Young Sheldon is now streaming alongside The Big Bang Theory on HBO Max, so we’re taking stock of the prequel series’ many nods, cameos and crossovers with the mothership.
First launched in September 2017, Young Sheldon fills in the details of Dr. Cooper’s upbringing in East Texas. The story starts off in 1989, and is told from the point of view of a more mature Sheldon, “who is older now [and] seeing his parents in a different light for the first time.” This altered perspective has allowed the spinoff to chart its own path and occasionally diverge from Big Bang canon without ever disrespecting what preceded it.
Whether you’re familiar with the prequel or simply curious, the following guide provides a rundown of all the ways the single-camera offshoot has paid homage to Big Bang, provided answers to some of our lingering questions (for starters, what’s a Bazinga?!), and painted a clearer picture of Sheldon’s relationship with his family, including his ill-fated father. Also featured are multiple Easter eggs, crossovers that took place after the mothership ended, and details about Sheldon and Amy’s future that were never disclosed on BBT. We’ve also included season and episode numbers for those who want to watch (or rewatch) select half-hours.
TVLine will continue to update this guide throughout Young Sheldon‘s run on CBS; the spinoff was previously renewed through Season 7. In the meantime, scroll through the following list to see if you’ve caught every tip of the hat to The Big Bang Theory, then drop a comment below.
THE FAMILIAL CASTING OF MARY COOPER
As is widely known, Laurie Metcalf’s real-life daughter, Zoe Perry, plays her younger counterpart on the CBS prequel.
THE CURIOUS CASTING OF GEORGE SR.
Before he was Young Sheldon’s dad, Lance Barber was Jimmy Speckerman, Leonard’s high school bully, in a Season 5 episode of The Big Bang Theory.
GEORGE SR.'S HEALTH
Sheldon’s father’s fate is predestined — and Young Sheldon is well aware of it. George Sr.’s mortality cast a shadow over the series’ third episode, in which Mary escorted her husband to the emergency room after he began complaining of chest pain. What was ultimately diagnosed as a minor heart attack gave the entire family a major scare, and served as a red herring for a tragedy that will ultimately befall the Cooper family.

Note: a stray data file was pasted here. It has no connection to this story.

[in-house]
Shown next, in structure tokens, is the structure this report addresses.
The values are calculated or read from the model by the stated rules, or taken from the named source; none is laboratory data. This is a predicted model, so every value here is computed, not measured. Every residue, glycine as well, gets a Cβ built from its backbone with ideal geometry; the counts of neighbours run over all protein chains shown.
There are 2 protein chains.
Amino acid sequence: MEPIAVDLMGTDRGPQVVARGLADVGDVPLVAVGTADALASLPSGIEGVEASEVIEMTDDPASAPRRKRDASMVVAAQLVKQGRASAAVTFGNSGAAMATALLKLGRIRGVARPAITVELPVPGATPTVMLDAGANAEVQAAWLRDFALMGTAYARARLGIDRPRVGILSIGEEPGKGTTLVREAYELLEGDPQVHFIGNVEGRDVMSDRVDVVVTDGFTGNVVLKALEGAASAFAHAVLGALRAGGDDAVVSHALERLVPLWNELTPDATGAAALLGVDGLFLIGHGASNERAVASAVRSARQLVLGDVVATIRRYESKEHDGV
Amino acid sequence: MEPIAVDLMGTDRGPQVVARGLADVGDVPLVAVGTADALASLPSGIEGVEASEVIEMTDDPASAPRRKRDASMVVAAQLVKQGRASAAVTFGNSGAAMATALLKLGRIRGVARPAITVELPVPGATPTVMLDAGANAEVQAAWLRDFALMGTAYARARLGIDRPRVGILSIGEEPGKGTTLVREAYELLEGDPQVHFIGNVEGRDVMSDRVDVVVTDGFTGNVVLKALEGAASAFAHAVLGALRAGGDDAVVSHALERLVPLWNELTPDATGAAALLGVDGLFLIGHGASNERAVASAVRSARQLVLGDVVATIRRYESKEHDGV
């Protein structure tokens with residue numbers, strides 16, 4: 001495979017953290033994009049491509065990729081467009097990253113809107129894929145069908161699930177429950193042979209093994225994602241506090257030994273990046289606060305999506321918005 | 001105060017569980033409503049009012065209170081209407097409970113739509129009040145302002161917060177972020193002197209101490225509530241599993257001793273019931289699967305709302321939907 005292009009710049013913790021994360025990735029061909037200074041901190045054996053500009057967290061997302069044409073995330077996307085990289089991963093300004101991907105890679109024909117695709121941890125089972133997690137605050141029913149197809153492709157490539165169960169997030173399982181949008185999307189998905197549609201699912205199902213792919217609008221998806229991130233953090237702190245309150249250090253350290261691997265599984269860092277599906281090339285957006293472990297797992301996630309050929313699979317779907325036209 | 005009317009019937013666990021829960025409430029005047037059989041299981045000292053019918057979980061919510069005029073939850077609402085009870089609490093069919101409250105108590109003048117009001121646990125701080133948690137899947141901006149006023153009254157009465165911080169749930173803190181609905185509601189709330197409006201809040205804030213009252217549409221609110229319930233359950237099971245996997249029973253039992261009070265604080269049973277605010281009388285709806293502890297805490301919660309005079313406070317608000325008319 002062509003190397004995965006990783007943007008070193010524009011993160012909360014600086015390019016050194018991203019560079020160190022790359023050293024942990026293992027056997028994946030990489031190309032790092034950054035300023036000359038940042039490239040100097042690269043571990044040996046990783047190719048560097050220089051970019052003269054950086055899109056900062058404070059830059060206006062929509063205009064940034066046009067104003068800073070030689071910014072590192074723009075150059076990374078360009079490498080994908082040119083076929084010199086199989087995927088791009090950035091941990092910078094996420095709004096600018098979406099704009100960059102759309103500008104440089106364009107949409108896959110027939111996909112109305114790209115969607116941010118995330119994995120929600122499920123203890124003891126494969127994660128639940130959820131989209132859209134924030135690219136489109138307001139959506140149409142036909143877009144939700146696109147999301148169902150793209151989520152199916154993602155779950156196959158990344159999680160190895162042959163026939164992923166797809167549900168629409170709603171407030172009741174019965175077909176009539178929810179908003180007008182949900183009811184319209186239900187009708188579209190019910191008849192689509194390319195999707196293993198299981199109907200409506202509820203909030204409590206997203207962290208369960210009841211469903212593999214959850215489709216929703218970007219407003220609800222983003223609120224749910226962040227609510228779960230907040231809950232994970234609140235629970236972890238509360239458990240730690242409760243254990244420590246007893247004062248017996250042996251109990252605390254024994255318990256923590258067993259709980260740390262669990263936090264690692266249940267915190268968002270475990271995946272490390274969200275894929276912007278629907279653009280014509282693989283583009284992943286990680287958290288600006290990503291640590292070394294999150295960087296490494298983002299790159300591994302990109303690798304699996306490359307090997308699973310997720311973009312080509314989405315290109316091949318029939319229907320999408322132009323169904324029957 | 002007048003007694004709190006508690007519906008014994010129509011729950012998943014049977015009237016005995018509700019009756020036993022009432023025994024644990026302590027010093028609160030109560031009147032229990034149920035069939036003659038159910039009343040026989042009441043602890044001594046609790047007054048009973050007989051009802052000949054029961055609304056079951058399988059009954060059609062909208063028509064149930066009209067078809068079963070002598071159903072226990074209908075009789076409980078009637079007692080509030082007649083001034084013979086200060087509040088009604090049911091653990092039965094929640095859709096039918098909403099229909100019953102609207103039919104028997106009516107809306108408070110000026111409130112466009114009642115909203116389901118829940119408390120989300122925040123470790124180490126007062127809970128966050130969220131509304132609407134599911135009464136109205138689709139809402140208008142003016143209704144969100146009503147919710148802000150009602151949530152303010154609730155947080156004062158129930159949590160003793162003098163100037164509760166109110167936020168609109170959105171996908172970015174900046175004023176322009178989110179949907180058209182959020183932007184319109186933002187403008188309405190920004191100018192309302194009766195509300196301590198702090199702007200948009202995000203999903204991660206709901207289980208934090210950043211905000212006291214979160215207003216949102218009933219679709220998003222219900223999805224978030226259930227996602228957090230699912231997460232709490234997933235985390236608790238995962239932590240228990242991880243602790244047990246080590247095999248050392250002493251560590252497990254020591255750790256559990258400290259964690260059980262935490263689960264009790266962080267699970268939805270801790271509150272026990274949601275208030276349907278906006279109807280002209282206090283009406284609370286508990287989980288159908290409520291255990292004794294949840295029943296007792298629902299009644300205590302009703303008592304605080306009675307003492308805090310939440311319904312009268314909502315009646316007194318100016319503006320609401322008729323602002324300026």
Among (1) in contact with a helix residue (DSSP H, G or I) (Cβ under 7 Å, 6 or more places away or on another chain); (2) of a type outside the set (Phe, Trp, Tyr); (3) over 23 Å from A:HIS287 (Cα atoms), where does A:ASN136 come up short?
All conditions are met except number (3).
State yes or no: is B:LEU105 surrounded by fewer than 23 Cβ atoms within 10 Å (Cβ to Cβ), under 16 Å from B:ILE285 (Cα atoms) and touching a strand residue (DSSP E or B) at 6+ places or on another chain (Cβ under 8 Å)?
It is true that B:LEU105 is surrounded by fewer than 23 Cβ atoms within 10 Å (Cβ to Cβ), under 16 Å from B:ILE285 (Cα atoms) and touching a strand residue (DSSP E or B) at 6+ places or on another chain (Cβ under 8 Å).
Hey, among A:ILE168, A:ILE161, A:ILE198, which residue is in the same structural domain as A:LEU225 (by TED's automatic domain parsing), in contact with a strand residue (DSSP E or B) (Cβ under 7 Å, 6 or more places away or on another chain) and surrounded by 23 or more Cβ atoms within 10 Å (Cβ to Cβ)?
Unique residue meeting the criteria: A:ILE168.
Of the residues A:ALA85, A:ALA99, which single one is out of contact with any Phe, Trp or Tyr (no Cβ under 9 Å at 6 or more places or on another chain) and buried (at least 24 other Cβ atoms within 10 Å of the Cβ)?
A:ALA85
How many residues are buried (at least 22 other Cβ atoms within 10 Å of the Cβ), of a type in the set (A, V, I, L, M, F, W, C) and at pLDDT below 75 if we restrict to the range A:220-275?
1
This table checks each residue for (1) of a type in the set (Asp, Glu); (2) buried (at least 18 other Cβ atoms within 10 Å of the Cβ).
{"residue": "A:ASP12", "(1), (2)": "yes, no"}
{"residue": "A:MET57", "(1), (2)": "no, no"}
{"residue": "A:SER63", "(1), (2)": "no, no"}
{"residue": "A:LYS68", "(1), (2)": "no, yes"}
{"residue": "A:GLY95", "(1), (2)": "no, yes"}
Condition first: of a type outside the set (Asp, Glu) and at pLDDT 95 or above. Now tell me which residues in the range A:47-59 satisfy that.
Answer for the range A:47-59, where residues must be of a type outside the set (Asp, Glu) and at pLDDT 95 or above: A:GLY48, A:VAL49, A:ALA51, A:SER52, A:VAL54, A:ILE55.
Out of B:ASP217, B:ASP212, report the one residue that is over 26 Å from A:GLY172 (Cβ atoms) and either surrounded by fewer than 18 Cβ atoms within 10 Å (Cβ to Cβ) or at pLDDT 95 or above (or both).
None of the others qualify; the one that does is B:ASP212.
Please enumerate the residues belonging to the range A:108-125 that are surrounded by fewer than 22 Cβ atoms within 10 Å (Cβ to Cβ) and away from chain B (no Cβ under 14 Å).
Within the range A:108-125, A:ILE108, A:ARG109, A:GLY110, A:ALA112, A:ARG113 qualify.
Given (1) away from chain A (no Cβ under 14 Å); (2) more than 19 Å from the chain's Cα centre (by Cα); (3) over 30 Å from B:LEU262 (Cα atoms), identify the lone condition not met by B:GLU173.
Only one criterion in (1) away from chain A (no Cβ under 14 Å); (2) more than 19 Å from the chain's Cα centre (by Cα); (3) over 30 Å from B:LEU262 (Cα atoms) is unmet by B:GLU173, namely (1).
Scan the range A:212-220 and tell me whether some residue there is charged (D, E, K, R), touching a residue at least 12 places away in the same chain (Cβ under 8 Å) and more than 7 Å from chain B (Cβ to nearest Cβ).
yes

PAGING NURSE DAVIS... OR IS IT NURSE ROBINSON?
Following five appearances on The Big Bang Theory as nurse Althea Davis, Vernée Watson guest-starred on two episodes of Young Sheldon as a different nurse, Nurse Robinson. The Fresh Prince of Bel-Air vet also played a nurse on Two and a Half Men, and currently co-stars as Gloria, yet another nurse, on Bob Hearts Abishola. (Suffice it to say, Vernée Watson is the glue that holds the Chuck Lorre Televisual Universe together.)
Sheldon’s beloved grandma was mentioned countless times throughout Big Bang‘s first eight seasons, finally appearing (in the form of June Squibb, no less!) in Season 9. Designing Women alumna Annie Potts would eventually take over the role, beginning with the spinoff’s third episode.
Sheldon’s childhood bully was mentioned in Seasons 3 and 5 of the mothership. He made his on-screen debut in Episode 1 of the spinoff, when he taunted the title character with his pet chicken Mathilda. Since then, however, Billy has been portrayed as more of a nuisance than a tormentor, and hasn’t given the future physicist reason to add him to his all-time enemies list… yet. (We’re still waiting on the day he shoves a Mexican peso up Sheldon’s nose.)